Salaries, dragons, and musk: rooting around in the spice rack
As the Bard said, “That time of year thou mayst in me behold” a pumpkin-spice latte–or beer, bubble gum, even burgers, such is the market. While we may have reached so-called “peak pumpkin” this year, the autumn season is indeed one of seasonings, of herbs and spices with the special power to evoke that cozy sense of home. From trade routes to paychecks and even male anatomy, it turns out the spice rack is much more interesting than you may think, etymologically speaking.
When speaking of spices, it’s first important we specify which “kind.” Spice is from the Latin species, meaning a “type” (of something) and yielding words like specific, specimen, special, and yes, species. Earlier in Latin, species was an “outward appearance,” connected to the root *spek-, “to see,” according to the Oxford Introduction to Proto-Indo-European and the Proto-Indo-European World. (The asterisk means the root is reconstructed, not directly evidenced.) See also speculate or perspective.
Spices, of course, were historically very significant, traded by great empires of antiquity for millennia along extensive spice routes stretching from Eastern Asia to Western Europe, from the Old World to the New World. The history is preserved in the origins of the words pepper, cumin, cinnamon, saffron, and nutmeg, particularly prized for their medicinal value when they reached English largely during the Middle Ages.
Pepper is also behind paprika, a Hungarian diminutive of the Latin piper. As the Oxford English Dictionary (OED) observes, the Ottoman Turks ultimately acquired the spice from the Spanish Empire and produced it in what is now the Budapest area in the 1530s. The Spanish brought the source plant back from the Americas.
As the OED notes, cumin (attested in the 9th century), saffron, and cinnamon all traveled similar linguistic and commercial routes from the Middle East. Cumin has ancient cousins in the Arabic kammûn and Hebrew kammôn. Saffron is still vivid in the Arabic za’faran. As for cinnamon, Hebrew has qinnamon.
Nutmeg gets nutty when cracked open. The word is attested in English around 1387, the OED records, passing from the French via Latin nux and muscus. The former gives us nut and nuclear. The latter, musk, is either from or akin to the Sanskrit muska, referring, to, well, testicles, which the nut apparently resembled.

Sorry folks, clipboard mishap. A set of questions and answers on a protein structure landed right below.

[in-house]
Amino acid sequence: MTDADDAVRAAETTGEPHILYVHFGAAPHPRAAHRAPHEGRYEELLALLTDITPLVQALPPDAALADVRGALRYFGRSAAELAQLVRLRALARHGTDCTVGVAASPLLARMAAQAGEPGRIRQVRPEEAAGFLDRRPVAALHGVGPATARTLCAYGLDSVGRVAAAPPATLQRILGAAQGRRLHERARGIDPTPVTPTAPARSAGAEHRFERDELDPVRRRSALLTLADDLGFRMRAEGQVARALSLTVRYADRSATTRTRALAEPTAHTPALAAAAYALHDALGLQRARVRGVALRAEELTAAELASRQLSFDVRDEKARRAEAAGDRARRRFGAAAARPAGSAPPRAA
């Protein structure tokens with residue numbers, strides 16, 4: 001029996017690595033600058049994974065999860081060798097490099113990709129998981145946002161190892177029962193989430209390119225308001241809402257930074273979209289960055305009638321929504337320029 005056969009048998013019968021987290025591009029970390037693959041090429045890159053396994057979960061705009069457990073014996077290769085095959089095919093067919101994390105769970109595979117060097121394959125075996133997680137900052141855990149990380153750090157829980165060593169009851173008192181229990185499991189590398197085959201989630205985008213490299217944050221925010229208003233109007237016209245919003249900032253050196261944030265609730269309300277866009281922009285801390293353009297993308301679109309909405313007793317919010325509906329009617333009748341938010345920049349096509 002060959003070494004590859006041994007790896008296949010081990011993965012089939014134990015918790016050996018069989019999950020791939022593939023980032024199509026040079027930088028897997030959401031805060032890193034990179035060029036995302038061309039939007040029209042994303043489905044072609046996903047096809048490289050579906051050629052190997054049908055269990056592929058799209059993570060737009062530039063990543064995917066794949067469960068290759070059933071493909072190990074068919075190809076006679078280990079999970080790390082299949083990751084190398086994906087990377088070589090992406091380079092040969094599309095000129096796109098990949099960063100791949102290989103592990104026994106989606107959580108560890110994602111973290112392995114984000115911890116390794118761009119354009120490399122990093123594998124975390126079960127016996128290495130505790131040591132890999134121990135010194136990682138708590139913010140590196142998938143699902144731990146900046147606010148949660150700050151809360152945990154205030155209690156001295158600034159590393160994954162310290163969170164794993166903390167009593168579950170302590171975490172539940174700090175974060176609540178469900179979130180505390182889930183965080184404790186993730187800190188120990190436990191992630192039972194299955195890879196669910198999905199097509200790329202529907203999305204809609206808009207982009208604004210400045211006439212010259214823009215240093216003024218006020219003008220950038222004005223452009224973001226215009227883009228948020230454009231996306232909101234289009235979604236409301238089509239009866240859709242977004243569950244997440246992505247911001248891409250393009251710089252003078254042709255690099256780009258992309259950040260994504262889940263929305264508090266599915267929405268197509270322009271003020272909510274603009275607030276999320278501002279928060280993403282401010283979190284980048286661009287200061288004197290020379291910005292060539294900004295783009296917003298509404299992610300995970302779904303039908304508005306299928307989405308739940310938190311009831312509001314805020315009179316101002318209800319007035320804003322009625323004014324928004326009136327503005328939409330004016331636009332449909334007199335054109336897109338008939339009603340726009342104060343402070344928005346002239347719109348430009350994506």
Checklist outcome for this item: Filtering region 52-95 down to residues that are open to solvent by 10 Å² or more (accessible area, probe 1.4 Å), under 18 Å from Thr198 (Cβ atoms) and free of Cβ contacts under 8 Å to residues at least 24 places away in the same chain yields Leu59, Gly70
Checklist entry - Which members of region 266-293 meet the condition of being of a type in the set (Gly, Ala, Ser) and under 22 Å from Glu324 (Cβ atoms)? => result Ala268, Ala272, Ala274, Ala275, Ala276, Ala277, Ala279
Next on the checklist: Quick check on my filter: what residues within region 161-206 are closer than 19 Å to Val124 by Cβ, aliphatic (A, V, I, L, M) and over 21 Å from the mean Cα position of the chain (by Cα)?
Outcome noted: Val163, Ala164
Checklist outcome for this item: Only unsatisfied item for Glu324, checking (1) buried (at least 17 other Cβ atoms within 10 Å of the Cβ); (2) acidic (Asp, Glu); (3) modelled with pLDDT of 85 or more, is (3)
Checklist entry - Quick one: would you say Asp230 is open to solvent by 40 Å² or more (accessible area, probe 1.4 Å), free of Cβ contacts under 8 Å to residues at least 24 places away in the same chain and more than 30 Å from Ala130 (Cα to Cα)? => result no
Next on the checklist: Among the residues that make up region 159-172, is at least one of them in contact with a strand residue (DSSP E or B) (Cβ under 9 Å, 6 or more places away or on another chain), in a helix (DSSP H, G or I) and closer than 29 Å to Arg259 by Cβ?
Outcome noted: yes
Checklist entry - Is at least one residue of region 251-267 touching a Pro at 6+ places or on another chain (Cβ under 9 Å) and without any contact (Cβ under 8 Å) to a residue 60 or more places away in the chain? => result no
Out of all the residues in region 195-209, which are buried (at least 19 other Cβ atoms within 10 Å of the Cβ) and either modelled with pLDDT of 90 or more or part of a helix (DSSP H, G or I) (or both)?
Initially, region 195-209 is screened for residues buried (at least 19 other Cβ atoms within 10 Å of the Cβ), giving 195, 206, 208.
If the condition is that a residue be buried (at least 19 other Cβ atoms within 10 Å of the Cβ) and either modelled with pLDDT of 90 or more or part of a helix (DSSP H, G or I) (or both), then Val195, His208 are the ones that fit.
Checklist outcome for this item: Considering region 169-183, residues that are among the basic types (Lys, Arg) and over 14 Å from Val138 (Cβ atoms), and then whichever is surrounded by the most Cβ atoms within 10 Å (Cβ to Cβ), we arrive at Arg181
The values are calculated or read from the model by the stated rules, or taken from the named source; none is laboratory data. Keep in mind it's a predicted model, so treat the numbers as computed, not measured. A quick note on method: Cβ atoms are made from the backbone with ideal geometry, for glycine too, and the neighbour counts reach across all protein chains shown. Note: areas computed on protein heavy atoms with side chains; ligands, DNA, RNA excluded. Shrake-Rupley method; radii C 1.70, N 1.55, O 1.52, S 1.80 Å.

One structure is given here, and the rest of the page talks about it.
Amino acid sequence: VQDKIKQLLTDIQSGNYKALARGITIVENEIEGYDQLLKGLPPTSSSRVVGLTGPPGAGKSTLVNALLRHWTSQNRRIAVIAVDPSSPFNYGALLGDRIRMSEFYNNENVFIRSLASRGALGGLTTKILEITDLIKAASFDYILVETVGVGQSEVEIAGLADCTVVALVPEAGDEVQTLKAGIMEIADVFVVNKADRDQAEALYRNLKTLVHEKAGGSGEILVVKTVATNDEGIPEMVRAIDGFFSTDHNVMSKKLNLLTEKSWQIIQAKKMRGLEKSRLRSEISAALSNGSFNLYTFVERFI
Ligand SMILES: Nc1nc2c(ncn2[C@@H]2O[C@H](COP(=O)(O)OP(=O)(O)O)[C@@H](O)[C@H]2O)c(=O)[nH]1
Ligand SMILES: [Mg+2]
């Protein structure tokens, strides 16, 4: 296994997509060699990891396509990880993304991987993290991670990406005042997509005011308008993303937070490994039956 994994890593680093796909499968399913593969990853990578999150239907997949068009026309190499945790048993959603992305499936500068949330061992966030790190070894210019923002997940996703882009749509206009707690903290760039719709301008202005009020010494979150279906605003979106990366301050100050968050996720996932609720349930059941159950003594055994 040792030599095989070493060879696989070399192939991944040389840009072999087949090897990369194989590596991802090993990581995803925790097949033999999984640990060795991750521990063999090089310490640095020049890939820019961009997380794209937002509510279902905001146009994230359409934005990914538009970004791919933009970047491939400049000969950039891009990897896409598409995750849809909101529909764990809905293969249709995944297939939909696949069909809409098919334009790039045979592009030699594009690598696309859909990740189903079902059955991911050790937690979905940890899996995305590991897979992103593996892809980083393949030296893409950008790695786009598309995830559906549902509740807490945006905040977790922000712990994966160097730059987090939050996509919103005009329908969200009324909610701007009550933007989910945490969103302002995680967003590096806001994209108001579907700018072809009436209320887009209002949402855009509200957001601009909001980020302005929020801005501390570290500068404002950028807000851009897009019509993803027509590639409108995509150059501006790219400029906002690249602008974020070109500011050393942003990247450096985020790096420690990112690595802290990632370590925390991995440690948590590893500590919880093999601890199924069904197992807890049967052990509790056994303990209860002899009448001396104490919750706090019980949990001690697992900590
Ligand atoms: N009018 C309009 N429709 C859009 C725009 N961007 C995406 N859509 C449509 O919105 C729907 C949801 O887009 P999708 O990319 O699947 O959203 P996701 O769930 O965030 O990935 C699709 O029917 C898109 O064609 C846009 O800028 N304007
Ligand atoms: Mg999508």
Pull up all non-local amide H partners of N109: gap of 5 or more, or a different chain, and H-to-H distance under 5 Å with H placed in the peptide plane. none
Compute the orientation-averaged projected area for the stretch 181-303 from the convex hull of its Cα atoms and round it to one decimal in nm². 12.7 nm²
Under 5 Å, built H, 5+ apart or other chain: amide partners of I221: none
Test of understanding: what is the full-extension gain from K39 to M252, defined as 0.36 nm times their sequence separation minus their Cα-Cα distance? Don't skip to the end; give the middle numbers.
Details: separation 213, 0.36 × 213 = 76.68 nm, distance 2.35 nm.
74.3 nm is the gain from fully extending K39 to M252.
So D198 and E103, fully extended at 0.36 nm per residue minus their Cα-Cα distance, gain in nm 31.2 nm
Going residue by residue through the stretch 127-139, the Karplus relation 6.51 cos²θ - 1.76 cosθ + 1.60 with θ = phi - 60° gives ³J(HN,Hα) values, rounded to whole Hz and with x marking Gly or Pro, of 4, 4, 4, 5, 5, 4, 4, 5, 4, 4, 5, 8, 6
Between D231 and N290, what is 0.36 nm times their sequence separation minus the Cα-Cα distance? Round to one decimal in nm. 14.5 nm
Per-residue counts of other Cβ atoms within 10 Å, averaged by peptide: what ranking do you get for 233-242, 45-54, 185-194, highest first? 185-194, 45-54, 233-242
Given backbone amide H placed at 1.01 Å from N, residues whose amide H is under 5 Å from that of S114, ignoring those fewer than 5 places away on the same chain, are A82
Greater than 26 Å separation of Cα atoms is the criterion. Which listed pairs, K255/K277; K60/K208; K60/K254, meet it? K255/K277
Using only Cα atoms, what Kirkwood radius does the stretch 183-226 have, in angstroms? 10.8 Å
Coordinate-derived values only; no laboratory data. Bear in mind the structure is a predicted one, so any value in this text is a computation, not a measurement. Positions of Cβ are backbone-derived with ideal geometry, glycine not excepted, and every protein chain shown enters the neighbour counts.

Speaking of nuts, clove, too, is a key spice of antiquity. Not to be confused with a clove of garlic, this clove is from the French clou du girofle, or “nail of gillyflower.” The gillyflower, it turns out, is from Greek words for “nut leaf.”
Dried herbs also make their homes in our spice racks. While the origin of spice words records ancient commerce, the etymology of garden-variety herbs features some secret ingredients.
Rosemary originally had nothing with rose or the name Mary, although was altered in sound and sense because of them. This Mediterranean herb is from the Latin compound rosmarinus, “dew of the sea,” liking to grow on the coasts.
Like clove, tarragon emphasizes appearances and, again, we have Greek in the kitchen. Here, it is drakon, connected to the English dragon, from the Proto-Indo-European *derk- (“to see,” as the Oxford Introduction to Proto-Indo-European glosses it). Stare all you want at tarragon, but avoid the dragon’s gaze.
Perhaps, though, what is missing from this discussion is a little salt. Language did not mess with a good thing here: Salt was sealt in Old English (attested as early as 1000, though much older) and generously sprinkled across the Indo-European languages. In Latin, this most valuable of historic preservatives was sal, behind salarium, “originally money allowed to Roman soldiers for the purchase of salt, hence, their pay,” according to the OED. Hence, English’s salary.
“Peak pumpkin” or not, yesterday’s salt may be today’s pumpkin spice, if etymology has anything to teach us about how commerce, cultural contact, and creativity can change–and endure in–language.